The Department's current budget is tight this year and there is little contingency available if unexpected expenditure arises in the next eight weeks. This may arise in the area of pensions, for example, where a number of late applications for retirement may be received. Therefore, it may be necessary for me to take a prudent approach and set aside a small amount of the capital budget to cover for recurrent spending contingencies. This will be kept under constant review.

The main other areas where the Department's capital expenditure is running behind profile are ICT grants and higher education. In terms of ICT grants, €24 million was allocated to almost 3,300 primary schools last week and the funding has issued. There is no underspend in this area. The budget for higher education institutions is some €32 million behind profile. This is a matter of the timing of the issuing of payments.

It would not be expected at this time of the year that the entire capital budget would be spent. The Government is continuing to roll out a vastly improved infrastructure for those at all stages of their education.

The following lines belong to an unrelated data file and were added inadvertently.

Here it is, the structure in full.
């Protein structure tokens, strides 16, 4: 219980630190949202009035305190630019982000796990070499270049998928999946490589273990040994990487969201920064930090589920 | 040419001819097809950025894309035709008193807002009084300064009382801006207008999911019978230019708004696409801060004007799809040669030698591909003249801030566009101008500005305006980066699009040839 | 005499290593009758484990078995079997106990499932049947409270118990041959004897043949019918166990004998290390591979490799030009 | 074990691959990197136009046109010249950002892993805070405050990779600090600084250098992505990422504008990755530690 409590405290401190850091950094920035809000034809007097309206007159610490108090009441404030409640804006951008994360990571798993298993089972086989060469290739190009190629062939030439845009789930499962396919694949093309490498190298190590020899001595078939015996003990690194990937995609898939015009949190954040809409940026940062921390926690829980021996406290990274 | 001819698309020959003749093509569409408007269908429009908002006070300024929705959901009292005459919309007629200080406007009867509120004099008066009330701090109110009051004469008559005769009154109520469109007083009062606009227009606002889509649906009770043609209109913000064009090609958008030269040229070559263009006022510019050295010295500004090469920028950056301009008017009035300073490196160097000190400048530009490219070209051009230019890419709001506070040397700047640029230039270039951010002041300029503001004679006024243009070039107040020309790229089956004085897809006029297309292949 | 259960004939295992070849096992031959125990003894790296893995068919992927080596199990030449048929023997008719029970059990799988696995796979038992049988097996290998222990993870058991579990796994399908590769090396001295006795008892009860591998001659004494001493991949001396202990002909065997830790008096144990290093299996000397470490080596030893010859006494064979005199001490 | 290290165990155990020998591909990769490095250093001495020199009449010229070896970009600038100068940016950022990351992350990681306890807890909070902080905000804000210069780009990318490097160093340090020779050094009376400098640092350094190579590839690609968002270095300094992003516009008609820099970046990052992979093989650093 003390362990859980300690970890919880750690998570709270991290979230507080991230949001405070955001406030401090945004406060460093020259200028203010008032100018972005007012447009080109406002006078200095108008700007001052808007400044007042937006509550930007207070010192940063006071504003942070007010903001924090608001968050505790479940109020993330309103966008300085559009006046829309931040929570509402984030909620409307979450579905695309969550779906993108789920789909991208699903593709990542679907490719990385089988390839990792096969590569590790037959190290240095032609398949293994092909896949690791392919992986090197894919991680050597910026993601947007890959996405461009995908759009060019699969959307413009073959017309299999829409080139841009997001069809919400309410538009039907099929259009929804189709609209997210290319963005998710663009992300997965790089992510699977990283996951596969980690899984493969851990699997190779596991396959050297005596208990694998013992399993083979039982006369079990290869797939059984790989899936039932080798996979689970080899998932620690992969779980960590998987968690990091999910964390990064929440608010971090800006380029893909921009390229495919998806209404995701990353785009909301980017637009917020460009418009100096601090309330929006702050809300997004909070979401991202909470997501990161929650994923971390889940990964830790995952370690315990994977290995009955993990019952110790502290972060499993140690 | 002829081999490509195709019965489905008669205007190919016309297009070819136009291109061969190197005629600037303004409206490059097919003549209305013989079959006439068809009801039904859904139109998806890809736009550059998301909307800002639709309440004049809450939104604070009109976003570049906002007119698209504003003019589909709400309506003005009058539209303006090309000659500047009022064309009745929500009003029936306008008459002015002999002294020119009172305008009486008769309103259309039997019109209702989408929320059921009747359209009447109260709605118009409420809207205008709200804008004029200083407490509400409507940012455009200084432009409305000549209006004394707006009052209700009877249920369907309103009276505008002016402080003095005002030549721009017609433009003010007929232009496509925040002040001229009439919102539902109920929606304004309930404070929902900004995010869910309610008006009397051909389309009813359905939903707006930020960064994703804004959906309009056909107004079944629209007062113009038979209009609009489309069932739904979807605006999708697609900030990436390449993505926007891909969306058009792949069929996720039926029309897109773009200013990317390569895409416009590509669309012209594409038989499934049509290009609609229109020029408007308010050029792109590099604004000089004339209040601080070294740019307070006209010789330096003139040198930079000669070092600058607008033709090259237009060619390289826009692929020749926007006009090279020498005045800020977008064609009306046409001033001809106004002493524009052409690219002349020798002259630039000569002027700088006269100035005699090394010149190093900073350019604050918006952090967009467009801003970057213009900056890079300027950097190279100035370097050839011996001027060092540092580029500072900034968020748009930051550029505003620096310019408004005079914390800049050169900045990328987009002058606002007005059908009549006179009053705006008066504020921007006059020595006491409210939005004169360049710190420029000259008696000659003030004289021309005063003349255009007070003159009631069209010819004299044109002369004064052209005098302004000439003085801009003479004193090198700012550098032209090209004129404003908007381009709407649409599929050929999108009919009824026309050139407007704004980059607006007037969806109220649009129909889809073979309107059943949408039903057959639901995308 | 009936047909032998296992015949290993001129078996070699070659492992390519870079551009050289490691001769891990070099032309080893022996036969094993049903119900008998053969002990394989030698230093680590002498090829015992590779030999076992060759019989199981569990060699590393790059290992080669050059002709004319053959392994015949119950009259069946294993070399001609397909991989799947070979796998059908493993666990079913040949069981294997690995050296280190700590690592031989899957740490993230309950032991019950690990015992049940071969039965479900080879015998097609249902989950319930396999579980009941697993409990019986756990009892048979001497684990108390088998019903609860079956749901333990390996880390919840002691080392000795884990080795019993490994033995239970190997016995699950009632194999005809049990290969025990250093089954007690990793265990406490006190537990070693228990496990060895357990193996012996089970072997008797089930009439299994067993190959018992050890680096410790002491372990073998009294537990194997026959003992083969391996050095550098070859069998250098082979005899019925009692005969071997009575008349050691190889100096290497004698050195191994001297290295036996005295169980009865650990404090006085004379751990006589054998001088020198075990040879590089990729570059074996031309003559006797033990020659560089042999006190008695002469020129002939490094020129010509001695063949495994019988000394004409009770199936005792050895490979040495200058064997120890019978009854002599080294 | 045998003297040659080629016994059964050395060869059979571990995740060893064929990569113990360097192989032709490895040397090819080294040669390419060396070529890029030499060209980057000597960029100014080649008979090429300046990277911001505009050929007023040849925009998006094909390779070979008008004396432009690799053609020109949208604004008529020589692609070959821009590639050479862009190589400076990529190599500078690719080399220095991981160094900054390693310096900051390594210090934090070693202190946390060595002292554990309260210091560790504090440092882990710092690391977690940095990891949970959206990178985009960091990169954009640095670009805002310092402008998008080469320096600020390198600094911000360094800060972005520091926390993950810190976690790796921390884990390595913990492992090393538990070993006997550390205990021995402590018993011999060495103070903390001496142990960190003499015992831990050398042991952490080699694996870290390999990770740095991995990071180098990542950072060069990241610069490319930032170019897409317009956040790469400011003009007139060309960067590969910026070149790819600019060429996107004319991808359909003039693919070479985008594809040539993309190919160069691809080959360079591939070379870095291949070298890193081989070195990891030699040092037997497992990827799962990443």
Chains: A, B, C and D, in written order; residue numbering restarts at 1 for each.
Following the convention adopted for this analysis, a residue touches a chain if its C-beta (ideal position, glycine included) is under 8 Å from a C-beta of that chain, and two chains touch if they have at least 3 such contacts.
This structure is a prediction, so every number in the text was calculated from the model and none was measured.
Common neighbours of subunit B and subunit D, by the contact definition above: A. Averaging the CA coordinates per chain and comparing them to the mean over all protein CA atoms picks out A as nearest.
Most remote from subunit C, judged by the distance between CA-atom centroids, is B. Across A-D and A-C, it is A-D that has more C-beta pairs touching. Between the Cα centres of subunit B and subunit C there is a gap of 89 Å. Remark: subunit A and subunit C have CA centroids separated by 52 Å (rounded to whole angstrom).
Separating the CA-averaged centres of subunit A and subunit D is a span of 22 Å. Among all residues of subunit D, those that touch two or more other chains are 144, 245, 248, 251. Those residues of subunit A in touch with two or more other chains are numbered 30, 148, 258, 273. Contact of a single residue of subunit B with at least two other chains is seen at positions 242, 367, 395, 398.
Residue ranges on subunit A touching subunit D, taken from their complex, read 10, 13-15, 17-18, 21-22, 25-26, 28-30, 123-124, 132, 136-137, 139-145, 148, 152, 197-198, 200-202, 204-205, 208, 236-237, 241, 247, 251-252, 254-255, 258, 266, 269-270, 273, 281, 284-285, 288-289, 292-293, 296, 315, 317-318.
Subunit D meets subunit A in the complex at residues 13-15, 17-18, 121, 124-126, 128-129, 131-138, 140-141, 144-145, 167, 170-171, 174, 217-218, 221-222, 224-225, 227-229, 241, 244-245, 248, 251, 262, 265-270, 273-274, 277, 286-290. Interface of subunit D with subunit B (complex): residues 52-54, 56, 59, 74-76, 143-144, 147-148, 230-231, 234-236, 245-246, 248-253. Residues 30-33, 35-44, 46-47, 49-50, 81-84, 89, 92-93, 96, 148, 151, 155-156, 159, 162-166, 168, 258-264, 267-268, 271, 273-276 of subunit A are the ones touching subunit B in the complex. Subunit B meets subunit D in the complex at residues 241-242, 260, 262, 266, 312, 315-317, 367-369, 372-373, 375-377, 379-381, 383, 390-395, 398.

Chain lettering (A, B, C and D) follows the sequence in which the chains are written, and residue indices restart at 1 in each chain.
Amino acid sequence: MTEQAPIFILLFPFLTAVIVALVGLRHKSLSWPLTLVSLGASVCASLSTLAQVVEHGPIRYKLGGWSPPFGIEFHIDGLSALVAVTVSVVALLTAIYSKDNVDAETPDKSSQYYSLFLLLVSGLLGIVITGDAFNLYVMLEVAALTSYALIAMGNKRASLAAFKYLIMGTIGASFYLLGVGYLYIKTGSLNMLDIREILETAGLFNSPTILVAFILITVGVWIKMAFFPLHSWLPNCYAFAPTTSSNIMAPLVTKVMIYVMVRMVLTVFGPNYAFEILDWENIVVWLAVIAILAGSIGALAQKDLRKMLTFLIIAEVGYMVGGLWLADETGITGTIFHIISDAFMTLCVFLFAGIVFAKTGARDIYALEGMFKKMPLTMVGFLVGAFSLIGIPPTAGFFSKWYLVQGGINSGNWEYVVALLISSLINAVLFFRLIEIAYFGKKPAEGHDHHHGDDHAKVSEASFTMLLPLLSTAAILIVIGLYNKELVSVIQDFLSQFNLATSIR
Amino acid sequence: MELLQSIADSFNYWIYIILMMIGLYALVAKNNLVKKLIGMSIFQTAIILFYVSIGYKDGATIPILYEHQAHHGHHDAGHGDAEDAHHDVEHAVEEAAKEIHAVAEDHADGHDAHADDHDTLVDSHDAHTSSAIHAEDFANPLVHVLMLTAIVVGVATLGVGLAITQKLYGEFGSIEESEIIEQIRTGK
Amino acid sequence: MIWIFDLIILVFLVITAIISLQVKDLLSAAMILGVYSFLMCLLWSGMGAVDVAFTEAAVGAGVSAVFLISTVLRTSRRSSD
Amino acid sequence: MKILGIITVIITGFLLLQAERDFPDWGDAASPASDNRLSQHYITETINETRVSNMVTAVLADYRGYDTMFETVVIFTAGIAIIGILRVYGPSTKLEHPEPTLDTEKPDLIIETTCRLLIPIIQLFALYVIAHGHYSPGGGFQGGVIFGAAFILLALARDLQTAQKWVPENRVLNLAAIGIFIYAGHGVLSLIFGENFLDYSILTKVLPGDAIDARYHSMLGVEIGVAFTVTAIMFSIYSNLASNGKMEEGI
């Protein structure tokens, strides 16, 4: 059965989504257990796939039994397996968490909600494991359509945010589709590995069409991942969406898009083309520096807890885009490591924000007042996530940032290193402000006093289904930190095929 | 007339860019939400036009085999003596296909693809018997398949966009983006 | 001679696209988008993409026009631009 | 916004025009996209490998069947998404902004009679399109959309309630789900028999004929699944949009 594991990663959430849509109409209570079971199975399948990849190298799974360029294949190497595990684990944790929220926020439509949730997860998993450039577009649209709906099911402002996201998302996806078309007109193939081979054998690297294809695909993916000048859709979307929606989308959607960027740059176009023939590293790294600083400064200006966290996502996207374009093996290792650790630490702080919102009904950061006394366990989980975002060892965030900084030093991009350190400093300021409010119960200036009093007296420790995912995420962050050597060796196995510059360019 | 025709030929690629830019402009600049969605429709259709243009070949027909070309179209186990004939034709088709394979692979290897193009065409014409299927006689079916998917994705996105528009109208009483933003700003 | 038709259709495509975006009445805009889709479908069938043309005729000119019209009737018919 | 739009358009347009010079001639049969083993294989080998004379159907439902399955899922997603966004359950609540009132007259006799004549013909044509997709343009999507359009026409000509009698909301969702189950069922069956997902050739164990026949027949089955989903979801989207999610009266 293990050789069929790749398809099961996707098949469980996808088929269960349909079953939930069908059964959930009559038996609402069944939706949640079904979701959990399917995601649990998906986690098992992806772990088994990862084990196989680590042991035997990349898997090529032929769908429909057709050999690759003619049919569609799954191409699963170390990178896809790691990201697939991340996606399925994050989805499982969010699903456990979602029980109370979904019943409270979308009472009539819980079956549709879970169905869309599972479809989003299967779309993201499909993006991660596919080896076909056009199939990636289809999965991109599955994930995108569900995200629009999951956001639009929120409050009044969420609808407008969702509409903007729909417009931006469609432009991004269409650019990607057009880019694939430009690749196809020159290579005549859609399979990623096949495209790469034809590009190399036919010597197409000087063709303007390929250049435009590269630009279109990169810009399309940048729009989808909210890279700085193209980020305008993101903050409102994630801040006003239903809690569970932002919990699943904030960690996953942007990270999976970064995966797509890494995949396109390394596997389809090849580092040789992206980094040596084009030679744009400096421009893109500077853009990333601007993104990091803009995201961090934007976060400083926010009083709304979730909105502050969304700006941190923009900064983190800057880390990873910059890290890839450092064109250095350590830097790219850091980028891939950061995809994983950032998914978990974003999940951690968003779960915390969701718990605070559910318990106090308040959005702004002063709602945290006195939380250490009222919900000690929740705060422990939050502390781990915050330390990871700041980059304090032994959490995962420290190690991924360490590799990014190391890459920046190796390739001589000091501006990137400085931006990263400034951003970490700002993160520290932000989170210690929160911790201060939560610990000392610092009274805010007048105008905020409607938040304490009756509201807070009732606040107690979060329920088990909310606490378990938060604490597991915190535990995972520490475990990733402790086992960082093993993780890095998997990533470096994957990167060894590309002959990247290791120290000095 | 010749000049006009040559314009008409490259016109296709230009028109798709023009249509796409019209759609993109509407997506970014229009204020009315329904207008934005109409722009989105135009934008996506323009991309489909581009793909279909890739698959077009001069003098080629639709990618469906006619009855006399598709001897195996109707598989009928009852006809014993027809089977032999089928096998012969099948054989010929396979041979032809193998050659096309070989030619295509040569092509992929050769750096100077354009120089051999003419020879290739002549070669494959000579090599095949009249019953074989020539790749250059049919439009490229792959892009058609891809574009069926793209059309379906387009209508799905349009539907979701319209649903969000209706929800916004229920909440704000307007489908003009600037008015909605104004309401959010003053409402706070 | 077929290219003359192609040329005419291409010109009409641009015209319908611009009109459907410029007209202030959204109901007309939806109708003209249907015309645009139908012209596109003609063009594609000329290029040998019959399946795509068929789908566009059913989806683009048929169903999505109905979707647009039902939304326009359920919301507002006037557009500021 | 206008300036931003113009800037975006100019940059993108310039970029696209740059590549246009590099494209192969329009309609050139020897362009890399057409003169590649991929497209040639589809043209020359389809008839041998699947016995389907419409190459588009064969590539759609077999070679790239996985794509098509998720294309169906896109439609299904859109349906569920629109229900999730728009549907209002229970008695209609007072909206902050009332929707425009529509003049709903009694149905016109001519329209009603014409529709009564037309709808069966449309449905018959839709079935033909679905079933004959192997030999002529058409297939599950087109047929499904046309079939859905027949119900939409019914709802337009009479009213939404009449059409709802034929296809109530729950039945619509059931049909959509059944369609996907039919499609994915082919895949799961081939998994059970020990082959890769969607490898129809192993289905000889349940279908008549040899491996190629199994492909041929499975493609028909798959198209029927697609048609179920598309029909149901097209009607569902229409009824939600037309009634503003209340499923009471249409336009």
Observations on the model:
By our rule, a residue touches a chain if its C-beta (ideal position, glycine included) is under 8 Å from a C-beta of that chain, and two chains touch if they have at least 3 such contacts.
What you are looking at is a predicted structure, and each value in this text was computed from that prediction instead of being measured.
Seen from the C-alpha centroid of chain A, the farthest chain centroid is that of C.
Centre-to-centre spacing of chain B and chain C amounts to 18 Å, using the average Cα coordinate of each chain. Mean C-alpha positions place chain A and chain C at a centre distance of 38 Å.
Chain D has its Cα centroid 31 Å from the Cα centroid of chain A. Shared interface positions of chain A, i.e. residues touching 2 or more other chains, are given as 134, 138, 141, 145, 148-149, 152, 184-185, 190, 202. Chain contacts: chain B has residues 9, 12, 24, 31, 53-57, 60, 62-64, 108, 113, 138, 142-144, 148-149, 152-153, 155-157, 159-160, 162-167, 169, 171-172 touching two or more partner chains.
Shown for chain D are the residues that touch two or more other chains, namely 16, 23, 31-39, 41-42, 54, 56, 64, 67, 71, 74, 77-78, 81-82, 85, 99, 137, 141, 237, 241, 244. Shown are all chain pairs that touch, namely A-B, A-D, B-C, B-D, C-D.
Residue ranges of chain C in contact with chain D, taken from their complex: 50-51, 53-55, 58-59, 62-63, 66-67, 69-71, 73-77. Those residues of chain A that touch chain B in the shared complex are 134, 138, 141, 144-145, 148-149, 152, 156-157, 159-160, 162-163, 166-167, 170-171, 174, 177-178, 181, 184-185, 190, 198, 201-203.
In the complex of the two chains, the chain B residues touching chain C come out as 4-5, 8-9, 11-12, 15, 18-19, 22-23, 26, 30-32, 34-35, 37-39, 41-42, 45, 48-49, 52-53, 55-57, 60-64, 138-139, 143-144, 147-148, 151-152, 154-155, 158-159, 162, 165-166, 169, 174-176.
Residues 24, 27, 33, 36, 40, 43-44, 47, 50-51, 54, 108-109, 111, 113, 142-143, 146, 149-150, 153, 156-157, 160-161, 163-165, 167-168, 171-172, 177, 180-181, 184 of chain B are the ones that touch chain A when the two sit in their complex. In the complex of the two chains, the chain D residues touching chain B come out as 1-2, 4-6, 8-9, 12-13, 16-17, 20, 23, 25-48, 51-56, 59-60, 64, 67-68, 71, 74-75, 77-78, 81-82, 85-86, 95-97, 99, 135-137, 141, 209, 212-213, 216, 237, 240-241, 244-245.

Last week it was stated that there was €330 million still to be spent. What has happened to almost €300 million of that in the past week? I assume the Minister has not spent it in the past week. What does €50 million "behind profile" mean? This is the second year in a row that there has been a huge underspend coming to the end of the year. By the Minister's own figures in a statement issued last weekend, €250 million has yet to be spent. Will she assure us this will be spent? Last year, we had a similar situation and the former Minister, Deputy Batt O'Keeffe, stated it would be spent by the end of the year. However, at the end of the year €80 million was brought forward into this year's budget. This is unacceptable. It is amazing because for the past two years, this side of the House has heard there is no money for anything and that there will be cutbacks. The Minister has money and will not spend it. A total of 10% of the children of Ireland will spend their entire schooling in prefabs, which is money being wasted because the Minister will not spend money in her capital budget.